It's 1982: Poland is under martial law, and Solidarity is banned. Ulla, a translator working on Orwell, suddenly loses her husband, Antek, an attorney. She is possessed by her grief, and ... See full summary »
Filip buys an eight-millimetre movie camera when his first child is born. Because it's the first camera in town, he's named official photographer by the local Party boss. His horizons widen... See full summary »
1970. After discussions and dishonest negotiations, a decision is taken as to where a large new chemical factory is to be built and Bednarz, an honest Party man, is put in charge of the ... See full summary »
The plot couldn't be simpler or its attack on capital punishment (and the act of killing in general) more direct - a senseless, violent, almost botched murder is followed by a cold, ... See full summary »
19-year-old Tomek whiles away his lonely life by spying on his opposite neighbour Magda through binoculars. She's an artist in her mid-thirties, and appears to have everything - not least a constant stream of men at her beck and call. But when the two finally meet, they discover that they have a lot more in common than appeared at first sight... Written by
Michael Brooke <email@example.com>
Human Love at Its Utmost, the Best Film in Dekalog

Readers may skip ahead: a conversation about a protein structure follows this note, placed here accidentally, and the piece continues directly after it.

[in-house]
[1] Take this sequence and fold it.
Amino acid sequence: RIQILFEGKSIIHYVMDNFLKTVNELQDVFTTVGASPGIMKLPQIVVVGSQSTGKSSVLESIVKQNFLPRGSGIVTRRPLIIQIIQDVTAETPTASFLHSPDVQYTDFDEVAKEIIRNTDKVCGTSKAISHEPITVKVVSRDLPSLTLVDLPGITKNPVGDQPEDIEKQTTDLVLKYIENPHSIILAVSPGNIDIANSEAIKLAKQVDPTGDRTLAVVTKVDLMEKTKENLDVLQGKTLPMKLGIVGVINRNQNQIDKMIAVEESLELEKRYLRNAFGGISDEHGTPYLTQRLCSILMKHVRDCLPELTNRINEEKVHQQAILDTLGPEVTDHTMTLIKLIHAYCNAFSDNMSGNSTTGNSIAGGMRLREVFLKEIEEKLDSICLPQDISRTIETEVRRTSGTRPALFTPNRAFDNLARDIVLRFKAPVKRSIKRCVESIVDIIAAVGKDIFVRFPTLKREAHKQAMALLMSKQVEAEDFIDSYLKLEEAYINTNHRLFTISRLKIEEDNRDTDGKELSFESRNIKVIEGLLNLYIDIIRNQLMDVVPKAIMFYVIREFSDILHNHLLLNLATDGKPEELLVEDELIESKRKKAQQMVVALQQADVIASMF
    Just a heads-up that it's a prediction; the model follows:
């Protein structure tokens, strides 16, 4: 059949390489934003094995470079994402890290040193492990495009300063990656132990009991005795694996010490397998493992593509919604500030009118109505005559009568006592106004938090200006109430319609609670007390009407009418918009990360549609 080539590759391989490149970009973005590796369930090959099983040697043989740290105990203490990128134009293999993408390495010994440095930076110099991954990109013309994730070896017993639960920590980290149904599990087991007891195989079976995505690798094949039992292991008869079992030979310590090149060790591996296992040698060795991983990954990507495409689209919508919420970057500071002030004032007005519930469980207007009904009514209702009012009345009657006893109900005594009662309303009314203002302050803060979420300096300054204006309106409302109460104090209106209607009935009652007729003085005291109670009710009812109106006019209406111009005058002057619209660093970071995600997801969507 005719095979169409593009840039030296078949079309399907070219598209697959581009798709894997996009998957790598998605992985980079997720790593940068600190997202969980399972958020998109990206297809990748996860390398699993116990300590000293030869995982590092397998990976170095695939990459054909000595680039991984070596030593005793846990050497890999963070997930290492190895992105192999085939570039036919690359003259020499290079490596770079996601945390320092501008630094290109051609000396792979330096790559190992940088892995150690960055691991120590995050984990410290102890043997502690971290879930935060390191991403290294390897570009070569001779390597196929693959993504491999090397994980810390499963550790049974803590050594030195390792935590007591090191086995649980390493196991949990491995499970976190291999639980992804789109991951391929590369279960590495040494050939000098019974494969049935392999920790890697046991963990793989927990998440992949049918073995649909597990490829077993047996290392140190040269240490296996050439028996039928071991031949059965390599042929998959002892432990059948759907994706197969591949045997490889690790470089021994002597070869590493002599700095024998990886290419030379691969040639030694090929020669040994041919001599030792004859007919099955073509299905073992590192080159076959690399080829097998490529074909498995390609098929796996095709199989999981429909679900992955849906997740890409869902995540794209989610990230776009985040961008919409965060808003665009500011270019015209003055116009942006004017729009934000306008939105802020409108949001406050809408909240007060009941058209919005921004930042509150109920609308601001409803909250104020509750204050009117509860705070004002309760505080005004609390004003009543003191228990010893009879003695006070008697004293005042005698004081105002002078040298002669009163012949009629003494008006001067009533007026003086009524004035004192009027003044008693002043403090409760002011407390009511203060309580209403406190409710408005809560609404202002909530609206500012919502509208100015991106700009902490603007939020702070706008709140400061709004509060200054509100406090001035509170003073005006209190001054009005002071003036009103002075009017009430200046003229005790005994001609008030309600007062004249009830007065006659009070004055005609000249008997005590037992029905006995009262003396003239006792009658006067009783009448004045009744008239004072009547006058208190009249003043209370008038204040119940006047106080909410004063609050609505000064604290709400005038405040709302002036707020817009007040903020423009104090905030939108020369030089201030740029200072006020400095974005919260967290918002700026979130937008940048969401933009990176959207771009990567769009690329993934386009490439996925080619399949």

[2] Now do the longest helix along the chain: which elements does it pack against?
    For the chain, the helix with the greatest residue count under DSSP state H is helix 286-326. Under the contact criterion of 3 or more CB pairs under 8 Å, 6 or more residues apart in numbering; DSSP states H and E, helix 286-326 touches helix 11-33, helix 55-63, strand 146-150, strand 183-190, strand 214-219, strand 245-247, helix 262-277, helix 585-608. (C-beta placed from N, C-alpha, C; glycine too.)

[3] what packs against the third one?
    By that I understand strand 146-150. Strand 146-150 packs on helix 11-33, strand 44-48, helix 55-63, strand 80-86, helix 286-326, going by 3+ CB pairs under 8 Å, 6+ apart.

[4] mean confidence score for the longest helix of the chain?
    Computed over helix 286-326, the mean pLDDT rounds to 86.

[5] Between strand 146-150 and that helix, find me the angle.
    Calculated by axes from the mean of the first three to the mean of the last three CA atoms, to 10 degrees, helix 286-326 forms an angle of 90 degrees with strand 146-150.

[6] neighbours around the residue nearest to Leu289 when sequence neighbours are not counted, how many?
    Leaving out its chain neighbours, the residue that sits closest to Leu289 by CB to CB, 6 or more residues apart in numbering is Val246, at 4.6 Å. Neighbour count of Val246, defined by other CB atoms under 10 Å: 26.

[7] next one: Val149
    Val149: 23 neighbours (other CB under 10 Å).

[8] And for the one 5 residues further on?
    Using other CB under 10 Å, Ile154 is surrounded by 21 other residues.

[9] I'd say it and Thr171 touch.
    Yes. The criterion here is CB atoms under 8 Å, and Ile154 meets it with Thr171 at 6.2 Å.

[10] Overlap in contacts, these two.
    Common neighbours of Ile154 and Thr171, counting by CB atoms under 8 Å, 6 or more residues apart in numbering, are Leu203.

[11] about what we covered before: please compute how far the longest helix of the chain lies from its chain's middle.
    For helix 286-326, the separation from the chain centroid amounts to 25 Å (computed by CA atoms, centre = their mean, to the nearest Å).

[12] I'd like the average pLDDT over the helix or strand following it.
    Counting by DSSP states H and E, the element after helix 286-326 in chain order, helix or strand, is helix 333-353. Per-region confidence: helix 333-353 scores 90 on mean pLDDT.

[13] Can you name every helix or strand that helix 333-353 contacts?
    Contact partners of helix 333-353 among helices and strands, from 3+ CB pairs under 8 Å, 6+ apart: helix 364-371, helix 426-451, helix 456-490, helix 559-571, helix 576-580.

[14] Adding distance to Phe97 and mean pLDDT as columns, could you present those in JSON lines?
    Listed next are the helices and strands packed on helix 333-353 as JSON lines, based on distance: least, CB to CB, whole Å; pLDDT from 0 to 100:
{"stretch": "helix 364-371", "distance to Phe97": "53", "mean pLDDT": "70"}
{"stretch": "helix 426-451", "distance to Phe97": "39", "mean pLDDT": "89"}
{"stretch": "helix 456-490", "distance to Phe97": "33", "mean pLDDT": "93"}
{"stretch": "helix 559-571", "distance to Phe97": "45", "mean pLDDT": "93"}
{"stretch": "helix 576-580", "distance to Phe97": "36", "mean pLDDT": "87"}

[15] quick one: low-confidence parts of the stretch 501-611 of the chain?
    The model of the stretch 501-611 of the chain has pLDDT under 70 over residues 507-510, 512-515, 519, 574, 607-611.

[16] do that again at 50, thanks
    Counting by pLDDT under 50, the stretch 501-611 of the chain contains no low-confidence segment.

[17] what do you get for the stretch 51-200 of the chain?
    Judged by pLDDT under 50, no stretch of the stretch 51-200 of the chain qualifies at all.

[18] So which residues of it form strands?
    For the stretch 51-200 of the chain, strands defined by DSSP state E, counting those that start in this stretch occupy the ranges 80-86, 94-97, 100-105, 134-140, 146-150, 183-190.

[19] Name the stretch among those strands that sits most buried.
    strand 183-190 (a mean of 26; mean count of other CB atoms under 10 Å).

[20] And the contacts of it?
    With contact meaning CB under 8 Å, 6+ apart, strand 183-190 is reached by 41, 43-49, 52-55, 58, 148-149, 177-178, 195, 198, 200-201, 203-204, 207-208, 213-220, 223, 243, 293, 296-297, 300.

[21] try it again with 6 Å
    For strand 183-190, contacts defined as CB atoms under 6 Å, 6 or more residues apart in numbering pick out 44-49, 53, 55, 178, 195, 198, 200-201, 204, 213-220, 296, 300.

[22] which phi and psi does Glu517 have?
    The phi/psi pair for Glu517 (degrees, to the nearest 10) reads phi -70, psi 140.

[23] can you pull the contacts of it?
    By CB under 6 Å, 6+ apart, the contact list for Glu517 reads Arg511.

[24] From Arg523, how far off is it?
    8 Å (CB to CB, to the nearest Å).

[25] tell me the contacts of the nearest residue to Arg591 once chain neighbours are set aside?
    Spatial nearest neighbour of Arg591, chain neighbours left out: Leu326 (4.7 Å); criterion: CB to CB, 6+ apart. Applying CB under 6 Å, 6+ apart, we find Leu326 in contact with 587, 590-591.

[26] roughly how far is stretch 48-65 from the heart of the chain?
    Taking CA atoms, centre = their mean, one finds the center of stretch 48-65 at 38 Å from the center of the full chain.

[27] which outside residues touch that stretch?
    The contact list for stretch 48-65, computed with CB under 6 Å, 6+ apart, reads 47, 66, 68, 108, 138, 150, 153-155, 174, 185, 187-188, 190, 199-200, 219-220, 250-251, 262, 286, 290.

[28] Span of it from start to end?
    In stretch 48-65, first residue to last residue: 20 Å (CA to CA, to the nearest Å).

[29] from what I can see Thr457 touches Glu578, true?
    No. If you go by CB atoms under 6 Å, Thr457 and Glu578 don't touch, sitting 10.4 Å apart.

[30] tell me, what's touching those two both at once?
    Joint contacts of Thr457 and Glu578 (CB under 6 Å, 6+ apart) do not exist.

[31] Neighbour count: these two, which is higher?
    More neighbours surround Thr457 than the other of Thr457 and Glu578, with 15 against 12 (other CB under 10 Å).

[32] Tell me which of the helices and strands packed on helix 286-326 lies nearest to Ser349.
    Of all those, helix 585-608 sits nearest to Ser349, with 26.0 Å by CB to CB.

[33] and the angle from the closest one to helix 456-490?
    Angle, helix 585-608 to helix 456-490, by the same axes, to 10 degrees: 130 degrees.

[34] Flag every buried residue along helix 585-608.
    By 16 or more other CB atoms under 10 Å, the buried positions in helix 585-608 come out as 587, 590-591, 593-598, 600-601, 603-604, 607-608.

I invite viewers of this film to compare it with the short version (Dekalog 6) and the script. All three differ from one another. They have different endings and lead to different interpretations.
In this film, the feature length version, Kieslowski portrays human love poetically, authentically, and powerfully. I consider Tomek as a lover by the form of incarnation. He takes into different forms (post worker, milkman, voyeur) in order to show his love towards Magda. It is important to notice that Tomek sheds his blood when Magda has sex with others. There is a scene in which Magda spills a bottle of milk and cries. Tomek sees her from his telescope. Only he is present for Magda. Overall, Tomek's love is both sacrificial and redemptive.
After Tomek's hospitalization, Magda dresses more conservatively. She does not engage in sexual affairs with any man. In this sense, Tomek's love redeems the lustful Magda. The commandment (Thou Shalt Not Commit Adultery) functions in the background. We normally perceive a voyeur as being adulterous. But in Tomek's situation, he peeps into Magda not as an adulterous voyeur. He loves Magda by peeping her as an incarnate. He expresses sacrificial, and redemptive love in a humane and authentic manner.
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